On the macro-economic front, they focus quasi-exclusively on deficit countries and increasing labour market flexibility, leaving aside key issues such as private debt, an overleveraged and hypertrophied financial sector as well as strong reliance on external demand.
They keep protecting the interests of the private bond-holders, at the expense of the taxpayers.
The Member-States favour an inter-governmental basis rather than the more transparent and accountable community method.
These choices reflect an ideological bias of the EU Commission and Council, which we cannot accept. In order to redress the balance and make the current proposals of the Commission and Council a viable economic governance package, we European Greens propose:
1.A comprehensive tax convergence pact comprised of a.an EU financial transaction tax (FTT); b. anEUclimate/energycontribution; c. a common consolidated corporate tax base associated with a minimal effective
taxation rate so as to ensure a fair contribution by the corporate sector; d. an EU "tax disarmament treaty" whereby Member States would dismantle the tax
heavens built into their own legislations.
2. An more ambitious EU budget, funded by own resources flowing from the FTT and climate/energy contribution, enabling partial relief of Member State contributions, the budget being then complemented by project bonds to finance projects of general interest.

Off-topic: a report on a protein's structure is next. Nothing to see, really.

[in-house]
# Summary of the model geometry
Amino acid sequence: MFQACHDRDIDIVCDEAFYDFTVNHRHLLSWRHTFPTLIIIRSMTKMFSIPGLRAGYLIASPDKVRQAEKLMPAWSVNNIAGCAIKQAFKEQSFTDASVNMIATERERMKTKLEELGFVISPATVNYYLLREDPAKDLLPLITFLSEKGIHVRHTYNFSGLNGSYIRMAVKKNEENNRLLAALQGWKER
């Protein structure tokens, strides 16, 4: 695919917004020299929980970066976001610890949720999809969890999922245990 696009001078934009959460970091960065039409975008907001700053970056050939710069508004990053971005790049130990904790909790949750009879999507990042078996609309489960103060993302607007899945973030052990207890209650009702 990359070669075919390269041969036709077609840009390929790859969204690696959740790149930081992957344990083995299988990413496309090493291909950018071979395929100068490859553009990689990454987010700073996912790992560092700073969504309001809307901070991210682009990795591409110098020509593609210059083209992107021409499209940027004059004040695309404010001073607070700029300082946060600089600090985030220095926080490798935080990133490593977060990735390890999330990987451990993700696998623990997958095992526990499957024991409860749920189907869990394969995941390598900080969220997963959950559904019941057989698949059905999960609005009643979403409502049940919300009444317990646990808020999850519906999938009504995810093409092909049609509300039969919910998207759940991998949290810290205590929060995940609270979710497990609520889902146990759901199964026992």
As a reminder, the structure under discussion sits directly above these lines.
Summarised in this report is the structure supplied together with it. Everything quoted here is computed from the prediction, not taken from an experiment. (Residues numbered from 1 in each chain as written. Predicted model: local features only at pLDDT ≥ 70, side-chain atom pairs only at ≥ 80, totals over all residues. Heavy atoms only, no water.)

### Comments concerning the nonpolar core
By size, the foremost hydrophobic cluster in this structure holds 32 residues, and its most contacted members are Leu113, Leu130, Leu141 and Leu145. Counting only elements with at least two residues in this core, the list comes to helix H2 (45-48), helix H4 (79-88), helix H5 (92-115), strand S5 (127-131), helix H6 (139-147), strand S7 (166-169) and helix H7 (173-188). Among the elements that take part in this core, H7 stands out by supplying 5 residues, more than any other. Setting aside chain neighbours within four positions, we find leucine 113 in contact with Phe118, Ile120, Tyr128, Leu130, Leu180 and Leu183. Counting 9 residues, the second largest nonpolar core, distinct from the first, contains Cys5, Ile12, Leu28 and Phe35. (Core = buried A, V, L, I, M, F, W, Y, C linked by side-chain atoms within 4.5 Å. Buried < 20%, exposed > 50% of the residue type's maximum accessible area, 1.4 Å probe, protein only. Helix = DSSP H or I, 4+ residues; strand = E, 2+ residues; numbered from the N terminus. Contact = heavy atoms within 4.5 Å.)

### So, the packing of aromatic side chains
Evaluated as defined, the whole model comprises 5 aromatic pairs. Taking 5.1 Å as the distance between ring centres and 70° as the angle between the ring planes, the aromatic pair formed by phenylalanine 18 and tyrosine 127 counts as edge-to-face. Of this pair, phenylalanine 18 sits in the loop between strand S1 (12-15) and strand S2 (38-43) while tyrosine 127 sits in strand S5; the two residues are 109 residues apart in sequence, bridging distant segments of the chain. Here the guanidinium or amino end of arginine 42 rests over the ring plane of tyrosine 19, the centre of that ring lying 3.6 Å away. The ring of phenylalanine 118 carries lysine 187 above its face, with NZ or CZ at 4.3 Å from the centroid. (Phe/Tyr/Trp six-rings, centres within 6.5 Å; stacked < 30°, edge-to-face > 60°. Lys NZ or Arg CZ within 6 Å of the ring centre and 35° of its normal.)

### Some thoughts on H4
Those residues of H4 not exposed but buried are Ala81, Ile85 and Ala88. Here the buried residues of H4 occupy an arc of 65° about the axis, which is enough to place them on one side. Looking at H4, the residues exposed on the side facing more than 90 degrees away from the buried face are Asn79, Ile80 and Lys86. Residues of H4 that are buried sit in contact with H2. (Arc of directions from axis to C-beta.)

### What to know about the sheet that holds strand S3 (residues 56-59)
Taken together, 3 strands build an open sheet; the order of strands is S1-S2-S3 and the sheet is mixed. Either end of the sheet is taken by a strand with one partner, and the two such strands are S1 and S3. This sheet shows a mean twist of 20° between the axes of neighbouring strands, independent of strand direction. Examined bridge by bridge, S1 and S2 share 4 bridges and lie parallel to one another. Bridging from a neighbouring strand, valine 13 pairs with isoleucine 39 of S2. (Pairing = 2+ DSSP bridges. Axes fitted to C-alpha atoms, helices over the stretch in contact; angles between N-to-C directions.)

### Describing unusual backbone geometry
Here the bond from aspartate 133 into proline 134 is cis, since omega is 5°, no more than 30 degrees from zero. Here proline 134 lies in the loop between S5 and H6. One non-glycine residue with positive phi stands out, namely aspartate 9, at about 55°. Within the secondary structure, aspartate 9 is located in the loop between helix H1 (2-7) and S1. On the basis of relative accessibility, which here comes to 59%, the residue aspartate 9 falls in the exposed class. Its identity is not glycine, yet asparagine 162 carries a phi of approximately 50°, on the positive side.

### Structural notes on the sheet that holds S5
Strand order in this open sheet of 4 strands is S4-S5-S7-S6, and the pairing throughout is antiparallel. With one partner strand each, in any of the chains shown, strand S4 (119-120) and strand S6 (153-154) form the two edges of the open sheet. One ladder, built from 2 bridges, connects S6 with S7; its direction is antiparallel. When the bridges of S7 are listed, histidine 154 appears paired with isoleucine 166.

3. The introduction of economically-relevant social and environmental indicators in the macro- economic surveillance pillar like income inequalities, education expenditures, the ecological footprint or the resource productivity.
4. The establishment of a European Monetary Fund, including a permanent crisis response mechanism (ESM) and the ability to issue Eurobonds.
5. The adoption of a comprehensive, far reaching and coordinated action plan aiming at achieving two main objectives: restructuring the public debt of EU member-states whose debt position is unsustainable, regardless of any actual or possible corrective measure and simultaneously restructuring and deleveraging the European banking sector.
Finally, the establishment of a conference, on the model of the EU Convention, composed of representatives of regional, national and EU parliaments as well as of social partners and civil society would provide advice to the EU institutions on the further build-up and implementation of the EU economic governance, thereby strengthening its democratic basis. It could pave the way for medium-term substantial treaty changes to provide the legal basis for a truly Common Economic Policy, subject to the ordinary legislative procedure, including in the field of taxation.